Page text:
Unspiking the Penis

| Wed Mar. 9, 2011 7:53 PM EST

A new article published in Nature finds that human boners used to have bumps. Lead author Cory McLean of Stanford was studying chimp and human DNA when he came across sequences that had been deleted during human evolution, one of which made human penises naturally rougher and tougher than they are today.

I talked to McLean by phone about his remarkable discovery and why the bumps went away. As McLean explained it, humans (like mice and chimps) have an androgen receptor gene that's necessary to develop penis bumps (penile spines, in scientific terms). Humans, at some point along the evolutionary road, lost the DNA needed to activate that receptor, and thus, do not have "spines" on our penises anymore.

So what exactly does a "penile spine" look like? "Depending on the species, some [spines] are bigger and spikier than other," McLean said. Human penile spines, if they existed, would probably be similar to chimps', which have a polka dot-esque distribution and are made of keratin, the same tough-yet-yielding substance that makes up our hair and nails.

The first time I heard "penile spines" I thought "ouch". But then, when McLean told me they were made out of keratin, I thought, hmmm, maybe the bumps increased female pleasure rather than diminished it. Think of ribbed condoms or bump-laden vibrators. I asked McLean what he thought the bumps were actually used for. "That's been the topic of research from a number of labs," McLean said, skillfully evading a personal answer to the question. "Some experiments have showed correlation between spines and promiscuity of species: species that are more monogamous, like humans, don't have spines." McLean cautioned that, as always, correlation doesn't mean causation. That said: "What's also been shown is that larger spines are correlated with faster copulation time, and so one idea is that by losing the spines, you have a kind of decrease in sensation for the male, intercourse takes longer, and that's been associated with increased bonding or intimacy."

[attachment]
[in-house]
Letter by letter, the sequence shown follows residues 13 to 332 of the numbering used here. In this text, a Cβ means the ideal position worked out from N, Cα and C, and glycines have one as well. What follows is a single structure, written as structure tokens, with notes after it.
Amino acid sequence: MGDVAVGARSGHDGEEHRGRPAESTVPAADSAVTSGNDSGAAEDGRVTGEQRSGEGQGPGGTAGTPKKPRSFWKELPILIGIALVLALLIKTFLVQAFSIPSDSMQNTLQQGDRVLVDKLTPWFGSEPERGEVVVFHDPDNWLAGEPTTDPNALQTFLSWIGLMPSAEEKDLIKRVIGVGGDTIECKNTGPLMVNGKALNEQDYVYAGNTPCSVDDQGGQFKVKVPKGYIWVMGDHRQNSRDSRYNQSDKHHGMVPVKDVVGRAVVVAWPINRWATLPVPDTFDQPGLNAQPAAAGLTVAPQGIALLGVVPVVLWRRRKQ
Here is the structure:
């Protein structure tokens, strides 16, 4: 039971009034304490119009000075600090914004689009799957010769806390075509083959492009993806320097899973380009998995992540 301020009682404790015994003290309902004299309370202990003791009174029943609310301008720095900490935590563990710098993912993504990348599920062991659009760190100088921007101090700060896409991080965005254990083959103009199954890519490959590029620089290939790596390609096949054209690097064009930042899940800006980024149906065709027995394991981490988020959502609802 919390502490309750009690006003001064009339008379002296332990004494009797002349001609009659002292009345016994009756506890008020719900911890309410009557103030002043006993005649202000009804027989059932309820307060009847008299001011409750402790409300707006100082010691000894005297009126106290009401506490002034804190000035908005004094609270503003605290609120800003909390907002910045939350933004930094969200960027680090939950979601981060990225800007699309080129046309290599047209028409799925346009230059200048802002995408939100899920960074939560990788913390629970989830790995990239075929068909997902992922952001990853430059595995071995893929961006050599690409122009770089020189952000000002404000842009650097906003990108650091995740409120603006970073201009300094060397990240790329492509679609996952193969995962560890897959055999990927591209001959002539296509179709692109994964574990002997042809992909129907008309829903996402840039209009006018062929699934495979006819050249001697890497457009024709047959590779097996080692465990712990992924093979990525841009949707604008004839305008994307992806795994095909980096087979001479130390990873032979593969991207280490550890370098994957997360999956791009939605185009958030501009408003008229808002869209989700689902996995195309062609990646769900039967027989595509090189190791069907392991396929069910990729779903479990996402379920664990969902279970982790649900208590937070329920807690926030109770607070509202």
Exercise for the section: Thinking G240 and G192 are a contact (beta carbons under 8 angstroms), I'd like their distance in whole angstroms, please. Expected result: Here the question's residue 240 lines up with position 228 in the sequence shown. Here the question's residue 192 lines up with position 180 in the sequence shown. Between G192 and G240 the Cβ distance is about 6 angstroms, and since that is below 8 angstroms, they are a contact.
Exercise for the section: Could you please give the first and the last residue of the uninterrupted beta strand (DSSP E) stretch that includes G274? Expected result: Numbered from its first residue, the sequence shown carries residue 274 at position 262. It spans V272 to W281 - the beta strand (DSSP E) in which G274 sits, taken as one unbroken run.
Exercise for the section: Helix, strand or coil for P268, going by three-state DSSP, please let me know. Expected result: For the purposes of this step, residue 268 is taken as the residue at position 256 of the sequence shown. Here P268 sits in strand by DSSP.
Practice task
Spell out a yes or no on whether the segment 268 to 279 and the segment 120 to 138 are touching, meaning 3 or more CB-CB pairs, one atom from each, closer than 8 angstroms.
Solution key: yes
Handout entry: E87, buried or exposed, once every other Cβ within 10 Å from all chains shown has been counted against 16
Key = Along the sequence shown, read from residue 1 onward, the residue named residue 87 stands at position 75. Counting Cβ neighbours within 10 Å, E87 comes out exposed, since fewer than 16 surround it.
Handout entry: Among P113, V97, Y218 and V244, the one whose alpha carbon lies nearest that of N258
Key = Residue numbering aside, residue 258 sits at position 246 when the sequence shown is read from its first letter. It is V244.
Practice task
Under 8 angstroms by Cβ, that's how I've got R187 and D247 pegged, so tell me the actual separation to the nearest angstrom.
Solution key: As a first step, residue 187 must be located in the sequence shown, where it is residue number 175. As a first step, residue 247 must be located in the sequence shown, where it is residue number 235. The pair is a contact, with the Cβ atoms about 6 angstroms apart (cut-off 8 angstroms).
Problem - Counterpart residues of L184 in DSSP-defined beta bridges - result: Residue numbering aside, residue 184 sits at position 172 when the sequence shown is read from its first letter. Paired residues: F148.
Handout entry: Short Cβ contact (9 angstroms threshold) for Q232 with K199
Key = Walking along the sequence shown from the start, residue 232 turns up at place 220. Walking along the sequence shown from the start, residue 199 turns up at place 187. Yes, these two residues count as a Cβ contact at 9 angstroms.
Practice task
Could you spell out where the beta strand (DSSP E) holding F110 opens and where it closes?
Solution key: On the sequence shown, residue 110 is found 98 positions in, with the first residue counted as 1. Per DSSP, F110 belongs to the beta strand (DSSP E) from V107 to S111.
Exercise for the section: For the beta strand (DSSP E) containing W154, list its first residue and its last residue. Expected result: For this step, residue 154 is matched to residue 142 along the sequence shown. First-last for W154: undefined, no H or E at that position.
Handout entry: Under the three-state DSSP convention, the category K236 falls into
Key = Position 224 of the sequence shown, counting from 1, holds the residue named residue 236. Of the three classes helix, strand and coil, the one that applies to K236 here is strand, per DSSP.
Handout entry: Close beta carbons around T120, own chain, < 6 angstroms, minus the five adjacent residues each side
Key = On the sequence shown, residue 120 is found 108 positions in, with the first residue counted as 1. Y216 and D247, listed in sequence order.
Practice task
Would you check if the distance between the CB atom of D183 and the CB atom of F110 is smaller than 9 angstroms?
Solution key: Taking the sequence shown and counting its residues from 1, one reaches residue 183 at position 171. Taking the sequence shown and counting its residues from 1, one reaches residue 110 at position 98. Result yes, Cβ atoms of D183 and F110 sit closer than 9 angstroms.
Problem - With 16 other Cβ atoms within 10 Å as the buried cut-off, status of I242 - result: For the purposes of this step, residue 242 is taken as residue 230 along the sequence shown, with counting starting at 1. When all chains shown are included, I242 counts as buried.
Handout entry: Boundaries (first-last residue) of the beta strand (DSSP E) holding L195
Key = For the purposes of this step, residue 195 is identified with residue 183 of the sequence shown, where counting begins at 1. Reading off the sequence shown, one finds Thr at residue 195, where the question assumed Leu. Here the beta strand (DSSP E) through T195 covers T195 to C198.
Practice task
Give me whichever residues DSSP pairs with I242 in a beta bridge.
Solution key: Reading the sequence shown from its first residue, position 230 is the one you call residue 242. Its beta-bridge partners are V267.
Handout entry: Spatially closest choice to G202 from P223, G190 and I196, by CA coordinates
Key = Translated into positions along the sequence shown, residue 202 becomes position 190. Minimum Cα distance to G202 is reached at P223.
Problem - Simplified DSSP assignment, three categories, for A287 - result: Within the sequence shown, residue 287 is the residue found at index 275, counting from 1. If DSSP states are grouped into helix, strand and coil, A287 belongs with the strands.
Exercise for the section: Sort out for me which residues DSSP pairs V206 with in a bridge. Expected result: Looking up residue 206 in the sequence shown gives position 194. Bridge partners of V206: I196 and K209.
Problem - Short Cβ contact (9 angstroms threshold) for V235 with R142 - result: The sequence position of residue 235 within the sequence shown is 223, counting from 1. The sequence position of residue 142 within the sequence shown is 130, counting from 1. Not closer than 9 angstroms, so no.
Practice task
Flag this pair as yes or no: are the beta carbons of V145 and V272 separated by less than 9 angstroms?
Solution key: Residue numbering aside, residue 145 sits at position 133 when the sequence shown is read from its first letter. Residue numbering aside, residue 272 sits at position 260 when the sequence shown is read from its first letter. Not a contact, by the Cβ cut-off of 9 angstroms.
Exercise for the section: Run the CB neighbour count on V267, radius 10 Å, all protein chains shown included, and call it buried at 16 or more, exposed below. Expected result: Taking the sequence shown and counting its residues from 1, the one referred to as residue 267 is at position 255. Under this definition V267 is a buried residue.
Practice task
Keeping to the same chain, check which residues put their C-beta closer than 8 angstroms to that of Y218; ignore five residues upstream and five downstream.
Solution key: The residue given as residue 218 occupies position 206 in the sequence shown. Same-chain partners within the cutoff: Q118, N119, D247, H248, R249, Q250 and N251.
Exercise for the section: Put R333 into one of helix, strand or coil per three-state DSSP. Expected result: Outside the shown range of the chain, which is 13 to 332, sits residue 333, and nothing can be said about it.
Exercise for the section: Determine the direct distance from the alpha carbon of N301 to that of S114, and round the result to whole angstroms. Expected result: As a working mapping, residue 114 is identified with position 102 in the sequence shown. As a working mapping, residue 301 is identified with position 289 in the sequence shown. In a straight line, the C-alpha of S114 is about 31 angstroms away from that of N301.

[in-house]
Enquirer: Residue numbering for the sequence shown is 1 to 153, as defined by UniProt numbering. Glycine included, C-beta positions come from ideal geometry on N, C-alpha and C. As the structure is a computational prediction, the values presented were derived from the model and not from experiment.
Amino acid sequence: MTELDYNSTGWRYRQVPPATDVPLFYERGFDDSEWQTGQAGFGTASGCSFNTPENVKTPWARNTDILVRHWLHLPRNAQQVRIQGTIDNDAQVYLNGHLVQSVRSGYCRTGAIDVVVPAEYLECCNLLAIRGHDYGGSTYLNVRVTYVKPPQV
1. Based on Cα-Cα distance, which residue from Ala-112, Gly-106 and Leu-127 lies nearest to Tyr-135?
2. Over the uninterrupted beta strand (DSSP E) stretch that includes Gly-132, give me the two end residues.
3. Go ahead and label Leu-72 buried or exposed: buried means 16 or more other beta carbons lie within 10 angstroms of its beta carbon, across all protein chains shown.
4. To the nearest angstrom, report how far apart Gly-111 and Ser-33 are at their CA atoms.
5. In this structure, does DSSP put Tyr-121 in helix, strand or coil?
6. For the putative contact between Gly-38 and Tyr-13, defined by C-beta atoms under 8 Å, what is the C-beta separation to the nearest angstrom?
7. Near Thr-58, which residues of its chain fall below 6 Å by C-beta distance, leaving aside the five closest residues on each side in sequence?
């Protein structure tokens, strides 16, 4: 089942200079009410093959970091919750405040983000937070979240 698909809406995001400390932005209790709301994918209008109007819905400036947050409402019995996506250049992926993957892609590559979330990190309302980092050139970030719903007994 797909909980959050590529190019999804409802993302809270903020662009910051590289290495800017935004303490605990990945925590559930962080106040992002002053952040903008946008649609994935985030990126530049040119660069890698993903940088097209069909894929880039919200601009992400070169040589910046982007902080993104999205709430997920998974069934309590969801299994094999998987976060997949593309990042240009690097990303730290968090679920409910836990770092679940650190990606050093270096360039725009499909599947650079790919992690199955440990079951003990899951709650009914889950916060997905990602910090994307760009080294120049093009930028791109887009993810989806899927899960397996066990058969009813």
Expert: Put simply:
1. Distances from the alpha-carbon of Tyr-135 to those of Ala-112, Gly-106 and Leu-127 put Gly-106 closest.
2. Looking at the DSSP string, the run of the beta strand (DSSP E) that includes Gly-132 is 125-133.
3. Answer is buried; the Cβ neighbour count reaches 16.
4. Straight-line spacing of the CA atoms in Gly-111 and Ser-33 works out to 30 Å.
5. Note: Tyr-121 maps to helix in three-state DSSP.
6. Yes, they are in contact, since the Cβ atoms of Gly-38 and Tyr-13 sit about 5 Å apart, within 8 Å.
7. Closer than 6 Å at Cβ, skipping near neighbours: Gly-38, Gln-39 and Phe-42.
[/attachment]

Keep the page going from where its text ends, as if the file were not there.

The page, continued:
Larger spines are correlated with faster copulation time

Makes you wonder if early human females preferred males who were more bonded to them, meaning they were more likely to stick around when the baby came, and thus mated more often with smoother-penised males. Or maybe early females just enjoyed the longer roll in the hay and kept mating with the males who took longer to orgasm. Those are my personal, non-scientific theories, but one theory that has actual research behind it is that as humans became more monogamous, males had a reduced need to scoop competitor's semen out of vaginas, and thus their bumpy penises morphed into the streamlined versions we have today. Either that, or the bumps were replaced by an even superior sperm-displacer: the coronal ridge.

These theories are all very interesting, but I can't help but wonder: if the penis was bumpy some eons ago, what was the clitoris like? As a woman, it's a little annoying to be able to read these cool articles about the evolution of the penis but see little written about the clitoris. Even more frustrating is to see science authors use the penis as the default genitals, even referring to the clitoris as "penis-like." (As we all start out as female, the penis should be described as "clitoris-like" rather than the other way around.) C'mon scientists, get to work! I want to be able to drop the phrase "clitoral spines" into dinner-party conversation.

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